The Faces of Coercion: The Legal Regulation of Labor Conflict in Ontario, 1880-1889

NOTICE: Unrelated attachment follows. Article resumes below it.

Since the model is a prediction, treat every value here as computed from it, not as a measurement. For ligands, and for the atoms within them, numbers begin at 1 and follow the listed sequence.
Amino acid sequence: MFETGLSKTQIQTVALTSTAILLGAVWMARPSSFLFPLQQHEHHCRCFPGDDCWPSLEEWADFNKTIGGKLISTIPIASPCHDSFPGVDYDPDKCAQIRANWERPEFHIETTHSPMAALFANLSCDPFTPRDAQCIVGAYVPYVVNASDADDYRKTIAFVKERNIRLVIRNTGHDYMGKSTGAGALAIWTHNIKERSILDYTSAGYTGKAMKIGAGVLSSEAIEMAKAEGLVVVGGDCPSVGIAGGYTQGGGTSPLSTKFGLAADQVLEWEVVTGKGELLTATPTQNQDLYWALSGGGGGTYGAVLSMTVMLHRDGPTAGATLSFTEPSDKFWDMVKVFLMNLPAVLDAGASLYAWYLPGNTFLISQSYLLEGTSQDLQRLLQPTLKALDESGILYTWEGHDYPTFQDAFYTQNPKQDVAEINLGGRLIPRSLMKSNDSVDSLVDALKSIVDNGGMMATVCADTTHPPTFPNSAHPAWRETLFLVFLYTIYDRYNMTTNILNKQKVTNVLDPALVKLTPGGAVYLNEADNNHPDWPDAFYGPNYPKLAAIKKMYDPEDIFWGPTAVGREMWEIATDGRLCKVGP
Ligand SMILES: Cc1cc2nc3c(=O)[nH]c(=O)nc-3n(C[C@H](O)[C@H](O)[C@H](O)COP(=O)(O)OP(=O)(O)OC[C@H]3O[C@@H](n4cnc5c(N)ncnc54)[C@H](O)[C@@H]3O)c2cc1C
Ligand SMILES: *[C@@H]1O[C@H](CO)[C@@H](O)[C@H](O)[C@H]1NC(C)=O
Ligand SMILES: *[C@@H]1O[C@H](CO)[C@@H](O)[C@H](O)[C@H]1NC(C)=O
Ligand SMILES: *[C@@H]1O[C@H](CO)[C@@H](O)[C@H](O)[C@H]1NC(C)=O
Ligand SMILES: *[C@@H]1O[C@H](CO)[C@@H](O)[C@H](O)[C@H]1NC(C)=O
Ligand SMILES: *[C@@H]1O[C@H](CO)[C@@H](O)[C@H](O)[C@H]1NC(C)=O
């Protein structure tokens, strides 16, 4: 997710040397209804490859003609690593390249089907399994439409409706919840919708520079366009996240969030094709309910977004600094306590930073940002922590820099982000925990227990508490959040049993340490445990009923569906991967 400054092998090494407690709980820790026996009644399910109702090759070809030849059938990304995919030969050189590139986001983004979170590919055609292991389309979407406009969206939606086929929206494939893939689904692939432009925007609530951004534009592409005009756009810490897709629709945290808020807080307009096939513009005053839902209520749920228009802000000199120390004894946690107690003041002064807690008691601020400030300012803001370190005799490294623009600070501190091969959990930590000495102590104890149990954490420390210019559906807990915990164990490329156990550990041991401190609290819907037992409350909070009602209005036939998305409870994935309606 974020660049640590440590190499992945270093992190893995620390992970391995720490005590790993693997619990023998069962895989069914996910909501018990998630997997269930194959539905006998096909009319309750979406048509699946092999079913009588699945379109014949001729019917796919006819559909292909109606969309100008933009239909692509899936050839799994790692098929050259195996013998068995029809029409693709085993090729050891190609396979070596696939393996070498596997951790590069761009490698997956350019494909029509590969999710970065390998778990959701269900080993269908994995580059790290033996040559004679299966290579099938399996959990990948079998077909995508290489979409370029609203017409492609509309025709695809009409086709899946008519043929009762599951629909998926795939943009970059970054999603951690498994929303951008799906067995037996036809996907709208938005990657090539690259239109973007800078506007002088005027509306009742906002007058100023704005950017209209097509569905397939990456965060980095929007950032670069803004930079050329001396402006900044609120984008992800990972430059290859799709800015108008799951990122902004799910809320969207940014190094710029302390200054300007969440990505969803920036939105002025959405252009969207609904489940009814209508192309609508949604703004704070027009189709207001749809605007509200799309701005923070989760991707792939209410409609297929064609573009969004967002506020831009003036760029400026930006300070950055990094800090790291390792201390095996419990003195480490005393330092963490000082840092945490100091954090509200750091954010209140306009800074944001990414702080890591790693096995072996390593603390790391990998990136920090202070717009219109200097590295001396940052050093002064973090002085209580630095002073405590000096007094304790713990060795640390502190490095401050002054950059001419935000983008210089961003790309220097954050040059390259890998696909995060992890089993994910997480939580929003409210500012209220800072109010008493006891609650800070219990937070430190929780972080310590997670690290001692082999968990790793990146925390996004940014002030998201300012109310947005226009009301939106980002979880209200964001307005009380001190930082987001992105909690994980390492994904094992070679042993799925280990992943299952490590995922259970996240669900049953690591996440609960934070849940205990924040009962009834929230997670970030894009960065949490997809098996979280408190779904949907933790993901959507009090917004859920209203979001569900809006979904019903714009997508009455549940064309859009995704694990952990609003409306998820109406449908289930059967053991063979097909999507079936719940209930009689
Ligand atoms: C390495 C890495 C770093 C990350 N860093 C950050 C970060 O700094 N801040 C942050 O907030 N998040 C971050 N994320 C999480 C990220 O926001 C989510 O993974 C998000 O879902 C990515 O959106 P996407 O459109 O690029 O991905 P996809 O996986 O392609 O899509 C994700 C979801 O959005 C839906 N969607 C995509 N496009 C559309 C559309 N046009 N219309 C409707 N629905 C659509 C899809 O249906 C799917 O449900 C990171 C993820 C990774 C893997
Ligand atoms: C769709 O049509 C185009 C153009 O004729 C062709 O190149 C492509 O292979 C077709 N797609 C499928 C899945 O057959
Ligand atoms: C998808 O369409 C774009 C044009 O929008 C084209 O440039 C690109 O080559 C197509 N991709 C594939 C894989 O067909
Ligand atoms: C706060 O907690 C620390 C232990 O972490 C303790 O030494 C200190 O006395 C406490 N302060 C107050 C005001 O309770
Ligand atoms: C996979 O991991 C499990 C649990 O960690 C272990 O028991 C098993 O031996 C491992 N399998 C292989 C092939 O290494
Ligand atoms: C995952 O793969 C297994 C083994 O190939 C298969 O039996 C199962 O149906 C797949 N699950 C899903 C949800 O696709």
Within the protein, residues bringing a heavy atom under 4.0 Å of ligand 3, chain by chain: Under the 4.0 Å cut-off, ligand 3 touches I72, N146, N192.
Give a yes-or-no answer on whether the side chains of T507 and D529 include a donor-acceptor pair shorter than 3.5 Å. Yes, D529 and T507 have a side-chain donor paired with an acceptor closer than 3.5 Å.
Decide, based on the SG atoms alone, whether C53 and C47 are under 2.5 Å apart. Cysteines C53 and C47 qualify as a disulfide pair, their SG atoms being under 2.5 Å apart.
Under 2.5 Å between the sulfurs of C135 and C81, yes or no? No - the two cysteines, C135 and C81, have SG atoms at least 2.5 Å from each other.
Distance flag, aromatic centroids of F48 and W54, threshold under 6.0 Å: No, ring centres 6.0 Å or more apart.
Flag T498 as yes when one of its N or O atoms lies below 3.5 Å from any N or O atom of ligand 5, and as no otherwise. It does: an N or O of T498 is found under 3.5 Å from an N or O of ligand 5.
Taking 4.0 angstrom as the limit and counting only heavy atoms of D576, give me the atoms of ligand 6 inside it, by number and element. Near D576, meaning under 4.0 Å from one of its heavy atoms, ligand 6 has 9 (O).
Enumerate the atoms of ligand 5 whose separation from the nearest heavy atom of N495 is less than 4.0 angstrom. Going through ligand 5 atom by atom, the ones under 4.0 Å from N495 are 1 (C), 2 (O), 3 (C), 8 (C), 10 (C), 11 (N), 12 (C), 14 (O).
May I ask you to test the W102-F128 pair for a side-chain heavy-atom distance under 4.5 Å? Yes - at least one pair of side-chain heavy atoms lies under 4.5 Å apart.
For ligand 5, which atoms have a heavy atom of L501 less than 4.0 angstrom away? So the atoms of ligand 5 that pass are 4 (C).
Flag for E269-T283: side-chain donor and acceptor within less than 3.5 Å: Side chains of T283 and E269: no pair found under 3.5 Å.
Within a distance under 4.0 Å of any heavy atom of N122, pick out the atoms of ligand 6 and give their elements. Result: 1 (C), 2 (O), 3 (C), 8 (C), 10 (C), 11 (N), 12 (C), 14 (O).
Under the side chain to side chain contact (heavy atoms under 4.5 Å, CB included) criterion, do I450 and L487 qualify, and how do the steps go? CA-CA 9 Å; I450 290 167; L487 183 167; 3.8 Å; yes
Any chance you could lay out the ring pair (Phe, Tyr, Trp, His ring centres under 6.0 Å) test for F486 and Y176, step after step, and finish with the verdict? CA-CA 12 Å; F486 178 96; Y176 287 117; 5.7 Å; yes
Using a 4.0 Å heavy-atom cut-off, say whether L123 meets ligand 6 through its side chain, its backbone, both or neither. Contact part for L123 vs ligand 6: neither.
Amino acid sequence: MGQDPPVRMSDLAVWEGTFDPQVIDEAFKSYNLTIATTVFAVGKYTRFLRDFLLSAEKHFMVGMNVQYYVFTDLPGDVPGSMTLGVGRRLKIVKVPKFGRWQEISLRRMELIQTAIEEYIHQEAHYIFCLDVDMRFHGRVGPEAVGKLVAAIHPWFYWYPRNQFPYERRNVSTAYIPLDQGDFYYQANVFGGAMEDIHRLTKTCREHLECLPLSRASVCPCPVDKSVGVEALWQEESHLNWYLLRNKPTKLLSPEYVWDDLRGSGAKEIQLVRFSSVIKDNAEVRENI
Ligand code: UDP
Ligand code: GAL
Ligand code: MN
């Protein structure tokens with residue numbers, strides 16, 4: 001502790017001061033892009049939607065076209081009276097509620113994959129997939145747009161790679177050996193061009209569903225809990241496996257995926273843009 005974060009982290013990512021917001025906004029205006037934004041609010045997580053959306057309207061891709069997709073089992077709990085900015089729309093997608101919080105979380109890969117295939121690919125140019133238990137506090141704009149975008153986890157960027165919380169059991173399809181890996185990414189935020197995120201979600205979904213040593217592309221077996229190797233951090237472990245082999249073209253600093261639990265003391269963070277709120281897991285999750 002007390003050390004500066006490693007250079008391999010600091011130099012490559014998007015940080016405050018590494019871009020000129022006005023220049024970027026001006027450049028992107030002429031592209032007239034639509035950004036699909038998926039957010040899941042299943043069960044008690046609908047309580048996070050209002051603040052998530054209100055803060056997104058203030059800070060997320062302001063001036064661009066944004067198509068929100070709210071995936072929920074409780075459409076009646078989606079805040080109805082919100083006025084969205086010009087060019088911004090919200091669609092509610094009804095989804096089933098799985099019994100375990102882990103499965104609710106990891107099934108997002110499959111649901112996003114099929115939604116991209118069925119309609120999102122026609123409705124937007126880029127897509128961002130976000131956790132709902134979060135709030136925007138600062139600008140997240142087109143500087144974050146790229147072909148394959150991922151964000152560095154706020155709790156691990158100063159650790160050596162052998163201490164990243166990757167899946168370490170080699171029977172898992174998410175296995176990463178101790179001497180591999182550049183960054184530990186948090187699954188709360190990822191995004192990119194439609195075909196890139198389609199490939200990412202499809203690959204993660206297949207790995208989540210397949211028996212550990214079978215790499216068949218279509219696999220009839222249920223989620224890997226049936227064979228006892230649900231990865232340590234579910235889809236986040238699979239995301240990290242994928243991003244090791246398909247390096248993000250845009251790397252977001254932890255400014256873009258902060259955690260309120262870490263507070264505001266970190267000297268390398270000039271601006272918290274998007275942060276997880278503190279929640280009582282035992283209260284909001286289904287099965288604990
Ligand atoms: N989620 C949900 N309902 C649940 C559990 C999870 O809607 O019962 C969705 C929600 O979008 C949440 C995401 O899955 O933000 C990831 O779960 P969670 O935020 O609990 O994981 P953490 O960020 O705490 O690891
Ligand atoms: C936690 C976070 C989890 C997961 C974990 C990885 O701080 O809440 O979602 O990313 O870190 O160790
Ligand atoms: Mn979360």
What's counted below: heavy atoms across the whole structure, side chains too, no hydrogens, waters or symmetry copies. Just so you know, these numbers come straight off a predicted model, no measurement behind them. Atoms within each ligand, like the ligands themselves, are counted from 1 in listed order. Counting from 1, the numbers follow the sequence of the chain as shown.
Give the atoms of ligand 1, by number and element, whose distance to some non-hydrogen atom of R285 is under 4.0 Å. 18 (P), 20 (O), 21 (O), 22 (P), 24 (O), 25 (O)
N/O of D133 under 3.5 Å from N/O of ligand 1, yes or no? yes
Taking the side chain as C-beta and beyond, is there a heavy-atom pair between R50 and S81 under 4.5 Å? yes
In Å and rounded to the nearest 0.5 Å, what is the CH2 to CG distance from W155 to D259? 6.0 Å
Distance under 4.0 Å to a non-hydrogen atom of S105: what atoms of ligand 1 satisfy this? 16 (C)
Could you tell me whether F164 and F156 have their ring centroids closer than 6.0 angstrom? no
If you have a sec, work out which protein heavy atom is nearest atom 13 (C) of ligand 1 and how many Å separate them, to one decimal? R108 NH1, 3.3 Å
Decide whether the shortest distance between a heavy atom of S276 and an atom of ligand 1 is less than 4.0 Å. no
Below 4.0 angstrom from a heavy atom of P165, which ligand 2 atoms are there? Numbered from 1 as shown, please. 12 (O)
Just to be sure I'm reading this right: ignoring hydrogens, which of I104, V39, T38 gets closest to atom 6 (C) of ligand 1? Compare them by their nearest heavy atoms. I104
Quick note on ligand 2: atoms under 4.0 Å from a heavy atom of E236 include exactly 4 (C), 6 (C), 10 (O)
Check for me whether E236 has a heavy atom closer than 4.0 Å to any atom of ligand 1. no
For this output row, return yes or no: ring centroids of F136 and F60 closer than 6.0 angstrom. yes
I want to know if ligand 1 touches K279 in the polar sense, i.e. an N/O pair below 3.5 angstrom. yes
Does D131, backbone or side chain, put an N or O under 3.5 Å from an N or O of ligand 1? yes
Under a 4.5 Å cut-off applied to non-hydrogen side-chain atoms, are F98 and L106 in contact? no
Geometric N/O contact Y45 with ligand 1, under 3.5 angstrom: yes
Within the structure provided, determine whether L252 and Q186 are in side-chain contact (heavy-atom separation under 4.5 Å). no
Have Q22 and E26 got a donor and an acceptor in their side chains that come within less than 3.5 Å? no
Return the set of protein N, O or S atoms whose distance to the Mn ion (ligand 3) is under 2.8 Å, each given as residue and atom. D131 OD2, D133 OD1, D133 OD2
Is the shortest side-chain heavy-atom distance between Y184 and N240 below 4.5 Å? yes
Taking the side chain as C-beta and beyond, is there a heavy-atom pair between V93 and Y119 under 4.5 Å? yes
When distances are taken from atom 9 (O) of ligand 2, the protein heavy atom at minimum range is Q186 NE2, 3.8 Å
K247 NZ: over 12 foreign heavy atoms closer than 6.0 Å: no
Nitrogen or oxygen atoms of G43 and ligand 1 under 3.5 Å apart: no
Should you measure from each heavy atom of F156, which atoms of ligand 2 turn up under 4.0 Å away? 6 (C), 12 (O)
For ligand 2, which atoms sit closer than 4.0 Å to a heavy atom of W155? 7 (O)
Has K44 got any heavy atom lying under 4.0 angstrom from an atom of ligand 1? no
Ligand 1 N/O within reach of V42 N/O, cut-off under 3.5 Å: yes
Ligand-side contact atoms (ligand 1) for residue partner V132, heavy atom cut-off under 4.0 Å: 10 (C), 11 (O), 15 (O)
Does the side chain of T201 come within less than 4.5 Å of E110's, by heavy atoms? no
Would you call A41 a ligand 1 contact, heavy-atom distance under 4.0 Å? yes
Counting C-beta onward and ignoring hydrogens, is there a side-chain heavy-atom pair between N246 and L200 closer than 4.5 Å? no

This article is part of a larger study of Canadian labor law before the advent of statutory collective bargaining, which questions the traditional periodization and the meanings of the categories. It is often an un-articulated premise that the exercise by employers of their superior economic power, as imparted and structured through the law of property and contract, is not coercion. Rather, the analysis is restricted to direct state coercion, exercised through the criminal law, the police, and the injunction. This framework produces a partial view of the role of law and interferes with an analysis of the strategic choices made by workers and employers. By bringing 'normal' market relations back in, we can more fully examine the nuances of coercion and consent at a given time.